National Academies Report: Provide Patients with Clinical Study Results

Clinical Results

When a person provides clinical samples or participates in tests for various medical studies, they typically never find out what their individual results are. There are concerns about patients misinterpreting the results, or that the test results might not be validated, or that doing so places an additional burden on the study staff and resources.

But a report recently published by the National Academies of Sciences, Engineering, and Medicine concluded that institutions and researchers should regularly and carefully evaluate whether and how to provide study results to participants. It also recommends that a federal regulation related to the topic be revised.

One of the report’s authors, biomedical ethics professor Amy Lynn McGuire at Baylor College of Medicine, told STAT, “It’s really calling for a sea change in how we handle the issue of research results in studies with human specimens.”

This is a timely subject considering the recent launch of the All of Us initiative by the National Institutes of Health (NIH) to collect samples and health profiles of one million Americans, as well as the proliferation of at-home genetic testing kits such as those by 23andMe and others, and Google’s Calico Life Sciences teaming up with AncestryDNA. These data are often sold to pharmaceutical companies and researchers. The difference with the at-home genetic testing kits is the patient gets the information—that’s not always the case. The All of Us initiative does plan to share the data and some of the study results with participants.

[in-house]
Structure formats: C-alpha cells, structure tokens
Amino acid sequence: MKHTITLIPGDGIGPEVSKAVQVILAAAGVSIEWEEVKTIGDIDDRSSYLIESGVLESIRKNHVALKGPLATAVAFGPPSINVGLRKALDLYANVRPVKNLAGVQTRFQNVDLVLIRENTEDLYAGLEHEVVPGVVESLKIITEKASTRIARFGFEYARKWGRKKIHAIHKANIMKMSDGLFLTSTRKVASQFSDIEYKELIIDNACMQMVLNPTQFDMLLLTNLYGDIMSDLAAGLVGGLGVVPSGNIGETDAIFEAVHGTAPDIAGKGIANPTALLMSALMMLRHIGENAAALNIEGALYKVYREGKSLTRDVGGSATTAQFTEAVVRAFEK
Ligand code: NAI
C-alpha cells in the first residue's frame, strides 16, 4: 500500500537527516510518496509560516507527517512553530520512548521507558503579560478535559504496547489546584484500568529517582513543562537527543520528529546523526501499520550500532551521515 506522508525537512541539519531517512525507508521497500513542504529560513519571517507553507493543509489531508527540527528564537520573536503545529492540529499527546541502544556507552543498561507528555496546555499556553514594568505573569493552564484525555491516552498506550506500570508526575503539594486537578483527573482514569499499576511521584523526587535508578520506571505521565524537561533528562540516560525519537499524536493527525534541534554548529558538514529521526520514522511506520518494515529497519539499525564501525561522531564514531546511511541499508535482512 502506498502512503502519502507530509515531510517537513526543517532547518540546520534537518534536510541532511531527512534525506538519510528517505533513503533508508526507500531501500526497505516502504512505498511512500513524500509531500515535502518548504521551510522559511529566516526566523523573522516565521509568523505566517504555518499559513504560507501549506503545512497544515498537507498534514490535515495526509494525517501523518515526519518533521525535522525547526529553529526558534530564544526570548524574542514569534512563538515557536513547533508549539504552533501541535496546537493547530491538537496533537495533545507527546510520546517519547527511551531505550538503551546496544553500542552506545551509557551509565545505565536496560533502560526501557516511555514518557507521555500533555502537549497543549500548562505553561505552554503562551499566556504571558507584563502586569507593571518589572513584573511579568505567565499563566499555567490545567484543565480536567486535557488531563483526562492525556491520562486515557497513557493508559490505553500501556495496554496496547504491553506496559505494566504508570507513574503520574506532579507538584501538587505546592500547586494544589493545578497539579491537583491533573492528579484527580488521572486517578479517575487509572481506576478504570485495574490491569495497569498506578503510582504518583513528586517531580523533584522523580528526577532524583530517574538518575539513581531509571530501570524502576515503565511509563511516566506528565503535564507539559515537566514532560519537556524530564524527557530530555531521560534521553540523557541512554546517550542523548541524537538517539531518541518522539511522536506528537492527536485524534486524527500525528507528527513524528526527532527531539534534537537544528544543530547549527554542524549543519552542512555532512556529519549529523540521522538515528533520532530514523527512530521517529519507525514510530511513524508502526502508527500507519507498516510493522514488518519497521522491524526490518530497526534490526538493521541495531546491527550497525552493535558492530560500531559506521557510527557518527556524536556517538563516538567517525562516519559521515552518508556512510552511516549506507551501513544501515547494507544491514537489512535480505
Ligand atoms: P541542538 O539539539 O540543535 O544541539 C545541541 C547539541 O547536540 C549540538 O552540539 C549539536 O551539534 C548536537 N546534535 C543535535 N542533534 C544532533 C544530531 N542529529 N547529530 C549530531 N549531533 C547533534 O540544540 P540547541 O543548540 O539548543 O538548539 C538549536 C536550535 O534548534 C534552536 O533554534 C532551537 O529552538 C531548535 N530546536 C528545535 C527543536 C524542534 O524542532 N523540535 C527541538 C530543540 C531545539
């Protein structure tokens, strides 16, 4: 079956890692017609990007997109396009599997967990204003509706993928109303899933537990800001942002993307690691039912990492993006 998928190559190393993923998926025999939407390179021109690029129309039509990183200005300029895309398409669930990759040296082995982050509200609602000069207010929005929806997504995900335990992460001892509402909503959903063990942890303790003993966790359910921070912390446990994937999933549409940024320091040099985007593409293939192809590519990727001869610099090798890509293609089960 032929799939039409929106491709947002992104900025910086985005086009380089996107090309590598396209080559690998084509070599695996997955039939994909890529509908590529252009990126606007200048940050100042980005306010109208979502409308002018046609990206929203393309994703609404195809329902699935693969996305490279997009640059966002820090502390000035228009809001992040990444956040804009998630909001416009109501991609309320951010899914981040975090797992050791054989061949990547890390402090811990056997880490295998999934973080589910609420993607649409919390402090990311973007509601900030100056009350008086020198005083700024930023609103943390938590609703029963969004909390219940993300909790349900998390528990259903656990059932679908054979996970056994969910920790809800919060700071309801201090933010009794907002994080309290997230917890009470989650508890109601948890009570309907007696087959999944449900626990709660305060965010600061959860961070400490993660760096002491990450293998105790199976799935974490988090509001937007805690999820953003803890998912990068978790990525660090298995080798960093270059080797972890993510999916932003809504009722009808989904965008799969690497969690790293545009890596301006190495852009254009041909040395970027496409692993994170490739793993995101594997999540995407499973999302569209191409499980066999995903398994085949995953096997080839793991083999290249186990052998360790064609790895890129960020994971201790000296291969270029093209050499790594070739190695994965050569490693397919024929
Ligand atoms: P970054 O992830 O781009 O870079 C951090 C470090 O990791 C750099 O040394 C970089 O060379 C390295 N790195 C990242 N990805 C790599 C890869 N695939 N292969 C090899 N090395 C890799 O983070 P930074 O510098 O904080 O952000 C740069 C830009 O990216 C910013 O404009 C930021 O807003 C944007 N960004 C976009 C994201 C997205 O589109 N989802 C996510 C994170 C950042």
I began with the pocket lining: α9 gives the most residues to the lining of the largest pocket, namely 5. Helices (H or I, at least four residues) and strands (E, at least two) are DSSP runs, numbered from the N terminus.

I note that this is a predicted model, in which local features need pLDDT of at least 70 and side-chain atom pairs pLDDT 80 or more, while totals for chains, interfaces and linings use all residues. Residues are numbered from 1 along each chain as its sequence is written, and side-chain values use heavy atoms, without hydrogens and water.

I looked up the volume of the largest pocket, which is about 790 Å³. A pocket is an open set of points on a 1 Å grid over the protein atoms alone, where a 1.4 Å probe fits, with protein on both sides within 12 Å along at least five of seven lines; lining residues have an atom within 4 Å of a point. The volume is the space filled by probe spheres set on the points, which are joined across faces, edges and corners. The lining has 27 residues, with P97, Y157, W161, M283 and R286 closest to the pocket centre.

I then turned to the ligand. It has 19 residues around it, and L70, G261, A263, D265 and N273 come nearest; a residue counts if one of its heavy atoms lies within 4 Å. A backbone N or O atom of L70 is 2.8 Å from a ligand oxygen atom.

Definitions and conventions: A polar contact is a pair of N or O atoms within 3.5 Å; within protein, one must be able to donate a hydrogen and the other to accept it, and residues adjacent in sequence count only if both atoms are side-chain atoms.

Laws and regulations have tended to complicate the matter. STAT writes, “Patients who participate in research can request some study results under HIPAA. But the Centers for Medicare and Medicaid Services (which sponsored the report with the NIH and Food and Drug Administration) doesn’t allow research institutions to return results from labs that aren’t certified under the Clinical Laboratory Improvement Amendments of 1988, or CLIA.”

CLIA oversees clinical diagnostic laboratories in the U.S., although there is also a patchwork of organizations, such as the College of American Pathologists (CAP), the American Society of Clinical Pathology (ASCP), and state licensing boards, that also have a say and influence on how clinical laboratories operate.

The report recommends that CMS revise the policy so results can be provided from non-CLIA certified laboratories when a study participant requests it and the institutional review board gives its okay. It also suggests the NIH lead the effort to devise a new quality-control procedure as an alternative to CLIA to ensure the quality of study data.

But even then, it’s not without its challenges. Ellen Wright Clayton, a professor of health policy at Vanderbilt University Law School told STAT, “It is going to be a real challenge to return these results in a way that is helpful for people. That requires access to knowledgeable clinicians who can help people navigate the system, including payers who may be unwilling to provide coverage.”

One of the conclusions of the report is that more research should be done to determine best practices for sharing research data with participants. Researchers and what is dubbed the “research community,” has to come up with a balance between the participants, safety and quality, and the effect it has on research resources.

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